Delhi-based Curie Labs is using AI to make our cities more energy efficient

1
Curie Labs, an energy analytics startup, uses sensors, cloud computation, controllers and AI to cut power consumption in large facilities by 25 percent.

Last Diwali, Saurabh Vij and Abhinav Saksena were appalled to see the levels of pollution recorded in Delhi and the country at large. The duo are friends from IIT Delhi. Abhinav comes from a core technical background while Saurabh had earlier founded a startup GTI Labs.

Discussing the pollution problem, they soon realised that one unit of power consumption leads to close to 0.5 kilogram of carbon emissions. They soon figured out that buildings consume and waste most of the power consumed.

Coming up with the idea

“We started engaging with mall owners and commercial office building managers to understand the real source of wastage of power. To our surprise, there were a lot of areas/scope for massive improvements. It was our eureka moment; we realised that this problem can easily be tackled by leveraging the power of sensors and AI,” Saurabh explains.

Their research gave birth to Curie Labs, an energy analytics startup that uses IoT and AI to help malls, hospitals, hotels and larger buildings save up to 25 percent power per month.

Saurabh’s earlier startup experience had taught him that one of the most important things is understanding the market. They began by studying the market, the needs and problems before writing a single line of code.

“This approach saved us a lot of time and resources, and helped us understand the real problems in this industry. Based on this understanding, we started building our product, which is a powerful combination of IOT, AI and Blockchain,” Saurabh says.

Putting the puzzle together

The idea was to be able to predict the power demand and find co-relations between power consumption and other important parameters like humidity, pressure, occupants and temperatures. The Curie Labs product works with a combination of things such as sensors, cloud computation, controllers and AI.

CURIE comprises a mesh of sensors attached at different places communicating OTA connected via Internet. A central server, called 3CTS (Centrally Controlled Curie Transit System), is where all the data from the sensors is stored OTA. It can be accessed easily and analysed.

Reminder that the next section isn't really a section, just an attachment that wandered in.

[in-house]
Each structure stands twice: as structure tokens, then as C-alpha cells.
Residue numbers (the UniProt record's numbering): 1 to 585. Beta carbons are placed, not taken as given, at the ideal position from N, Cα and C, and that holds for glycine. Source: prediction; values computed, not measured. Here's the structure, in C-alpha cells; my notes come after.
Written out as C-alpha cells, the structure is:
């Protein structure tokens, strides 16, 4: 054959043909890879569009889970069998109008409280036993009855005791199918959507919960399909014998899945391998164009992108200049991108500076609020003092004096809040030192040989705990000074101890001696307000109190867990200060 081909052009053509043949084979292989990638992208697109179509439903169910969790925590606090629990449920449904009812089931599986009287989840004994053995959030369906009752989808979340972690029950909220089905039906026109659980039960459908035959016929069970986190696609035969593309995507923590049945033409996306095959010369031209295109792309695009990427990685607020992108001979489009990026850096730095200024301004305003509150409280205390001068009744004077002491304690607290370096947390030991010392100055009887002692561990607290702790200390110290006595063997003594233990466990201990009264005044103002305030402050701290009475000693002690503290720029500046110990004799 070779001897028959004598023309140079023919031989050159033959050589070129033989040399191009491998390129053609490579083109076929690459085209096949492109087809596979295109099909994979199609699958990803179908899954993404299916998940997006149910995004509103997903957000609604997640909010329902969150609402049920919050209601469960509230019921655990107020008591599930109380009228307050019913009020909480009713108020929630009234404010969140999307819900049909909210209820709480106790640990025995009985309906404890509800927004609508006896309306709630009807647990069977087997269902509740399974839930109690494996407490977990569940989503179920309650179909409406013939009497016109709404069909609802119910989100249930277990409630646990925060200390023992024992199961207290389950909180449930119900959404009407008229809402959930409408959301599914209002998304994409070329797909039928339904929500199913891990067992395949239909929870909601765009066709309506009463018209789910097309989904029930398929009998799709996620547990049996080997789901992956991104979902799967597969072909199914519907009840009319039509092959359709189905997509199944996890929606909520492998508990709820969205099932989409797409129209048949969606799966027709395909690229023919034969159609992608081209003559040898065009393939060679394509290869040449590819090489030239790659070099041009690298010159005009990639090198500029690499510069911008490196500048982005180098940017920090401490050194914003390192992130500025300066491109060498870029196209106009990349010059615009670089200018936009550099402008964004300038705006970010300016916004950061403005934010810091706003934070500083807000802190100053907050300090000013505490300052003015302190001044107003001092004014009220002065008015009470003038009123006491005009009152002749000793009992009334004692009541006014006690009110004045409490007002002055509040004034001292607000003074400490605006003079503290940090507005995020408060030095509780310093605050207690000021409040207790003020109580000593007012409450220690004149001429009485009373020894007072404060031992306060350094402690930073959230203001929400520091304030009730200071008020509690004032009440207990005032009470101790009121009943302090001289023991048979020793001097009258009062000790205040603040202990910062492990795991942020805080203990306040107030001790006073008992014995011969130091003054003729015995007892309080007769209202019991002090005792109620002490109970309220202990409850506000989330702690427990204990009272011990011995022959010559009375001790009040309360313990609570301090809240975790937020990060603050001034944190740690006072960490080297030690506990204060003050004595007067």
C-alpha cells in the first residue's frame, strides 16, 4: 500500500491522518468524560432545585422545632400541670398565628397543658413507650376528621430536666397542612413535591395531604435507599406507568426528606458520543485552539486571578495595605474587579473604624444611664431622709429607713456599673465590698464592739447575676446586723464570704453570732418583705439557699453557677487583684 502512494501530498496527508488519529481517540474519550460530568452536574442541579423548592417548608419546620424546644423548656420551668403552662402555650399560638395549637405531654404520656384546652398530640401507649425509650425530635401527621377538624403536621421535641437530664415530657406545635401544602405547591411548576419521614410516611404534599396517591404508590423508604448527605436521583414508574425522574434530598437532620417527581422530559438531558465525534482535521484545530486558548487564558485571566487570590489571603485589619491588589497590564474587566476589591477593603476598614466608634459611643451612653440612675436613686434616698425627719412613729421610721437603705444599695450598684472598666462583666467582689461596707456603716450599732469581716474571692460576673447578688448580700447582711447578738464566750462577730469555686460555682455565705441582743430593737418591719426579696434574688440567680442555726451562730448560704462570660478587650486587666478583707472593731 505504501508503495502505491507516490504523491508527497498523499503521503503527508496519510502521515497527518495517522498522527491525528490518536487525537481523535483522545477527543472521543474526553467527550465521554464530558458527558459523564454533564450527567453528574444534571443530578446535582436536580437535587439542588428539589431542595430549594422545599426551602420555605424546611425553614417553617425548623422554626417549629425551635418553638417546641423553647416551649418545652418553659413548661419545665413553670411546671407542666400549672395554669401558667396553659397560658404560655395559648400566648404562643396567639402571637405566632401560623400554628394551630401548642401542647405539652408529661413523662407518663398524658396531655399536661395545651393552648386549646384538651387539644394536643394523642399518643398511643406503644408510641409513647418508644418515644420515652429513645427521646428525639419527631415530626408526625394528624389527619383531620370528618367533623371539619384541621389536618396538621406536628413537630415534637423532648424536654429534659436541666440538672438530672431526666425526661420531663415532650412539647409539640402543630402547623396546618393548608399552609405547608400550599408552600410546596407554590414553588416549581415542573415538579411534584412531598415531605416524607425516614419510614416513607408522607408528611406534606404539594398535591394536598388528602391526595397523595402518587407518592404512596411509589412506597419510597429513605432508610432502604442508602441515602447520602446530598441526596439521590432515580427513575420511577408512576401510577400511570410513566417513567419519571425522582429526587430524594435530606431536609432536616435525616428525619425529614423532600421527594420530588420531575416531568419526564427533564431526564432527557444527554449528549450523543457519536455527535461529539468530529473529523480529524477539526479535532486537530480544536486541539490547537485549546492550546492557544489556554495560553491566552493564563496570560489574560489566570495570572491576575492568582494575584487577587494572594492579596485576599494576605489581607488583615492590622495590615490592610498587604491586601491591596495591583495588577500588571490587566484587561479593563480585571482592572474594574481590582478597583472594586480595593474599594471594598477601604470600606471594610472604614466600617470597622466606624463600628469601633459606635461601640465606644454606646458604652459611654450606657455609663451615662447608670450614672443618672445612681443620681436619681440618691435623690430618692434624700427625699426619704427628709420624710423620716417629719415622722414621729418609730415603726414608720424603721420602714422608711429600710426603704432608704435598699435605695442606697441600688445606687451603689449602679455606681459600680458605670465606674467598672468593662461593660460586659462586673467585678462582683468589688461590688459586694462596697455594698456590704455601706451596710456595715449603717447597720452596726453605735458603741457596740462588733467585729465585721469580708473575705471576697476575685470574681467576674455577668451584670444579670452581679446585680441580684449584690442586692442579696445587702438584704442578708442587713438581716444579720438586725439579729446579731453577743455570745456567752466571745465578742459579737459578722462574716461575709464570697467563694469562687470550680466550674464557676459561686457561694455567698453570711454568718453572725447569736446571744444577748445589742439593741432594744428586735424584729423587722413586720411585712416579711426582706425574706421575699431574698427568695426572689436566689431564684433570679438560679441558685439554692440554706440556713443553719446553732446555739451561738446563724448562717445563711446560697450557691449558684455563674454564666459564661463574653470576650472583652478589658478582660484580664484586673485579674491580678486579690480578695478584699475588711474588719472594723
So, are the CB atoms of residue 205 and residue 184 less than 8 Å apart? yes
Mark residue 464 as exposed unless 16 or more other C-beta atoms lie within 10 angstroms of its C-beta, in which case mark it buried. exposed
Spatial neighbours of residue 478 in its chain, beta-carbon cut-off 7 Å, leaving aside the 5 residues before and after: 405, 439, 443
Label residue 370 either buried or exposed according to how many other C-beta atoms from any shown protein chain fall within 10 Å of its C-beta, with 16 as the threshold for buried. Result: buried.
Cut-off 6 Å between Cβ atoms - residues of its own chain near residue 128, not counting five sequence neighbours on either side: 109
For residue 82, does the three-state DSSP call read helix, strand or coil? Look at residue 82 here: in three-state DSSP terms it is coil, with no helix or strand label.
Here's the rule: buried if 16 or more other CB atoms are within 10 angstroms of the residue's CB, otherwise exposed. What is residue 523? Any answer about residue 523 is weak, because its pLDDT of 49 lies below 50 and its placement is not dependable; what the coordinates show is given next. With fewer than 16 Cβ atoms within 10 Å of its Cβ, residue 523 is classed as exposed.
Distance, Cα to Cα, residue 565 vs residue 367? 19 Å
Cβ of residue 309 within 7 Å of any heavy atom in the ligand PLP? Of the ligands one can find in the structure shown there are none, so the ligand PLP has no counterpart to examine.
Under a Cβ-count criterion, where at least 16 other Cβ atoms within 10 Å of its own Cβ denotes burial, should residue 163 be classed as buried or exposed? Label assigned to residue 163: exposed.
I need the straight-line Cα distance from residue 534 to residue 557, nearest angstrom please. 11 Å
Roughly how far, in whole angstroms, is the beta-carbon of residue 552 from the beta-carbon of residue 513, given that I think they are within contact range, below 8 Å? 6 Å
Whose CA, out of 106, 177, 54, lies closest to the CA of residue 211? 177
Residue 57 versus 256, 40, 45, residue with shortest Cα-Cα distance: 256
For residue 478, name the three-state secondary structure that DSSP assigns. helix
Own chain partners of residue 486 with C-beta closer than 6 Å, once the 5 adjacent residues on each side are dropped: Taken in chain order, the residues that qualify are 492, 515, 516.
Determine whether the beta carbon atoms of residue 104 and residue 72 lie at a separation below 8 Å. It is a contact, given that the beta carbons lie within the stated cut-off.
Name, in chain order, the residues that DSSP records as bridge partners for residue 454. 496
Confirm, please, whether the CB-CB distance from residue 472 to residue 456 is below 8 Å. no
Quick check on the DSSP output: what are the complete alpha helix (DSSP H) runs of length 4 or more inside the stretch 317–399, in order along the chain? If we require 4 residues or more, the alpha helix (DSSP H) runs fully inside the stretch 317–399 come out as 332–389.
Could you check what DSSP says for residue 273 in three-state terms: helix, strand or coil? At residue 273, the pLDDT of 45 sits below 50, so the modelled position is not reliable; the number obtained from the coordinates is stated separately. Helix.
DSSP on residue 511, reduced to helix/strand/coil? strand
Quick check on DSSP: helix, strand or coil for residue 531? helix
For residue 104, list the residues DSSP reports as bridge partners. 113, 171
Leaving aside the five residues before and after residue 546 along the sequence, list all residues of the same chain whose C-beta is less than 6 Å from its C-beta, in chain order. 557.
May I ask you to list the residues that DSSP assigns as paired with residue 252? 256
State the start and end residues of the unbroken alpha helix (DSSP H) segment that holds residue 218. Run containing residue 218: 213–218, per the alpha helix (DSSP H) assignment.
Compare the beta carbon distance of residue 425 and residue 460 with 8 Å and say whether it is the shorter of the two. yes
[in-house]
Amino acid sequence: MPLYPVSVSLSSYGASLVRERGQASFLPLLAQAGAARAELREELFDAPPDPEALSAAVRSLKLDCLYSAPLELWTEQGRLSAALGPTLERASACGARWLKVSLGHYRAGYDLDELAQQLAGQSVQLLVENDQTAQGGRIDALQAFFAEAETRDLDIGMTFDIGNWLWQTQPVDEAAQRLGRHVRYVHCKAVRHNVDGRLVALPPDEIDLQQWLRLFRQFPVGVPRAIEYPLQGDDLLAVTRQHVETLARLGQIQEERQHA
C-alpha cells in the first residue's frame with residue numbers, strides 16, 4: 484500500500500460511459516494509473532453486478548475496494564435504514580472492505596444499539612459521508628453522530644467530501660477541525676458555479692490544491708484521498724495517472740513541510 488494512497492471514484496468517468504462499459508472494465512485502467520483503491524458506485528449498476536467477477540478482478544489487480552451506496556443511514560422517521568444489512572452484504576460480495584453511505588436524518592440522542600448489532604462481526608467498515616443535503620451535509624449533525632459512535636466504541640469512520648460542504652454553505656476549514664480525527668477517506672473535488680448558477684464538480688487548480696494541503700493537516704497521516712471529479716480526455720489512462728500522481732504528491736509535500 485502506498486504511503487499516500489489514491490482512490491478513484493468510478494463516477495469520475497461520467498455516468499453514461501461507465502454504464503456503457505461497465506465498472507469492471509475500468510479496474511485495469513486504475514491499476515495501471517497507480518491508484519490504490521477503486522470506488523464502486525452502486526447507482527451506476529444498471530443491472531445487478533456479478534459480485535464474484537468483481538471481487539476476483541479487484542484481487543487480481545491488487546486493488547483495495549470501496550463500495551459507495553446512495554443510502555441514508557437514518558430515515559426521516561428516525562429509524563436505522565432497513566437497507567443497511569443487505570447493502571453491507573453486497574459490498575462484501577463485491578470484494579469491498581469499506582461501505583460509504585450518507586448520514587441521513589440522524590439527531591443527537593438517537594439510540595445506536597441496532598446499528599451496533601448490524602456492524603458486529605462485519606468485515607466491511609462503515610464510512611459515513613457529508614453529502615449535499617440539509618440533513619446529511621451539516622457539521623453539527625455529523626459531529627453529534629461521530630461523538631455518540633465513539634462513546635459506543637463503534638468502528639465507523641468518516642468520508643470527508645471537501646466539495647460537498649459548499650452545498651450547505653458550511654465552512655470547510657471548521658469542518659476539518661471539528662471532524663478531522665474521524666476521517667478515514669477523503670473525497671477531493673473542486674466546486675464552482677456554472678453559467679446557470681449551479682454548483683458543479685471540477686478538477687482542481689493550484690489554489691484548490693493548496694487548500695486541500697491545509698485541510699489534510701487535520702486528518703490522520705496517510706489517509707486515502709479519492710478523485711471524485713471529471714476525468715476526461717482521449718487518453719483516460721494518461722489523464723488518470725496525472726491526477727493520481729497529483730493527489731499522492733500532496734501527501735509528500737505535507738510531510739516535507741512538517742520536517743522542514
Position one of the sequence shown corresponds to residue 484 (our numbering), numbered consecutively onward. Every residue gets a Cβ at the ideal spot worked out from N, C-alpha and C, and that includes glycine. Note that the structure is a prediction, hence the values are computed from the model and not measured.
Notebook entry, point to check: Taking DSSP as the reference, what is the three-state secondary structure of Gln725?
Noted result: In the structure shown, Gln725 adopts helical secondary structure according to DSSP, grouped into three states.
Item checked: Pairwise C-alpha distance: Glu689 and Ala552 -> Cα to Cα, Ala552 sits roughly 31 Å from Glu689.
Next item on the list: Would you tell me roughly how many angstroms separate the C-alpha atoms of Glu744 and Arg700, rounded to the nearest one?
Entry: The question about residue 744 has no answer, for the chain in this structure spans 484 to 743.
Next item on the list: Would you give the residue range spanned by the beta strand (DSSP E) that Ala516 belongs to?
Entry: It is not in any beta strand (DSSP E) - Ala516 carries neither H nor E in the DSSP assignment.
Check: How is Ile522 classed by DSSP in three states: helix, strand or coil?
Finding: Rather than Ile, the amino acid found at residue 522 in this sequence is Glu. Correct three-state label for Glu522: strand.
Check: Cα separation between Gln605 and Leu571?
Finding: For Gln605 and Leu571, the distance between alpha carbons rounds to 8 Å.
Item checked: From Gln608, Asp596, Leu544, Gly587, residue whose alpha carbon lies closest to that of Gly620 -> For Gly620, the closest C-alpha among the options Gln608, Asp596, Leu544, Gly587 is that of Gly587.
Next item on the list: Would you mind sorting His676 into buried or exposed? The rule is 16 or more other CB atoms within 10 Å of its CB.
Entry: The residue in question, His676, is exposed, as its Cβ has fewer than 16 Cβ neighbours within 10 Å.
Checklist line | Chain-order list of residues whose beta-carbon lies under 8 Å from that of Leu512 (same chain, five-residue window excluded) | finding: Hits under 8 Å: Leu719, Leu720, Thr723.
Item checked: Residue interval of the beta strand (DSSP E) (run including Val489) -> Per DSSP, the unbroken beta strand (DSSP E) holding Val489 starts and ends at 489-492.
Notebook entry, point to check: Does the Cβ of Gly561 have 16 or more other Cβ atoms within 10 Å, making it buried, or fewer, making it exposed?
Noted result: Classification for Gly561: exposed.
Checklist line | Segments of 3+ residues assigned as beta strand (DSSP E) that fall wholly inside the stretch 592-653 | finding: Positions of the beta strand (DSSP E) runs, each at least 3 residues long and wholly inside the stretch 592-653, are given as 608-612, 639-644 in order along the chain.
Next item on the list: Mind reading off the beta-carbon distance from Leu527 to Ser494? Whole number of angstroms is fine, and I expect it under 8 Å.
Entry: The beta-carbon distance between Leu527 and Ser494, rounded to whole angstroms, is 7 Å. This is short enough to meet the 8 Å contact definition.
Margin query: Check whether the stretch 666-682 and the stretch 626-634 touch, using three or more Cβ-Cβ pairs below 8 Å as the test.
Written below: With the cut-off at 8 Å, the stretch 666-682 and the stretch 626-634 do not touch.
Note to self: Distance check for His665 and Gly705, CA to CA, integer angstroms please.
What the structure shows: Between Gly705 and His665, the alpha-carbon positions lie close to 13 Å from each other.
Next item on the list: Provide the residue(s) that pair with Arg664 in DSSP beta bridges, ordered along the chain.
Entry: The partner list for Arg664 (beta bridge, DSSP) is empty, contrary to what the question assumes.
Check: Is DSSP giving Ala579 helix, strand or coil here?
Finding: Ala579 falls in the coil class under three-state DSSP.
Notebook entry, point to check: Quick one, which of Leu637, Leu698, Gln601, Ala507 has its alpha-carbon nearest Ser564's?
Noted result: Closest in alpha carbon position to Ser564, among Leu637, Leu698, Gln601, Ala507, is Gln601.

Using AI, the team extracts important insights from this data – scheduling HVAC (heat, ventilation and air conditioning), controlling air flows and motor speed.

“Based on the insights, we automate the HVAC system in the most optimised manner to get a close approximation of 25 percent optimisation,” Saurabh adds.

The task, however, had several challenges. Hardware is capital intensive, so the team initially decided to offer small-scale trials to validate their product. This was also essential as most established clients and players don’t easily trust a new product and prefer to go with an established brand.

Working around the challenges

The way the team could work around this was by building a financing model in a customer-friendly way, which would make it easier to approach clients. The team also worked on streamlining supply chain with various methods and experimentation.

Curie Labs has grown from a two-people company to 10 full-time employees with expertise at each level.

“We started with a basic analytics model without much data; now we have data from multiple clients and a deeper understanding of the big systems involved. At product level, we have been able to finish our tech stack and are now evolving the AI system. It is becoming more accurate as we are constantly feeding it more data,” Saurabh says.

The team also faced challenges as a lot of clients were initially unable to see the importance of this kind of intelligence. “That was till we gave them trials to help them understand how they could use our product to drastically reduce power consumption,” the founders say.

Since 2014, there has been a slew of large corporates like Intel, Cisco, Qualcomm and Samsung, who have invested time, talent and money in the Indian IoT space. Considering the rising talent and cost advantage, India has great potential in the IoT space.

Whether it is wearables in the wellness and health sector, home solutions or transportation, IoT is making its presence felt across the country.

A study by research firm IDC estimates that by 2020 there will be over 28 billion objects with data exchange capabilities.

Another startup in this space is Blume Ventures-backed Zenatix Solutions, which offers an automated energy monitoring and control product. Curie Labs, however, believes that their key differentiator is the added real-time intelligence.

Currently, the team’s business model is a combination of initial cap-ex for the hardware and a SAAS subscription for the analytics and automation service.

The team recently raised $50,000 from Satoshi Studios, IoT and Blockchain incubator from Gurgaon. In the next 15 months, the team is looking to build the consumer-facing product, and look at validation across different market segments.

“The long-term vision for Curie Labs is to ultimately deliver clean and cheap nuclear fusion energy to the world. We want India to become an energy supplier to the world. What Infosys did for Indian IT, we want to do that for the energy industry on a global scale, from India,” Saurabh says.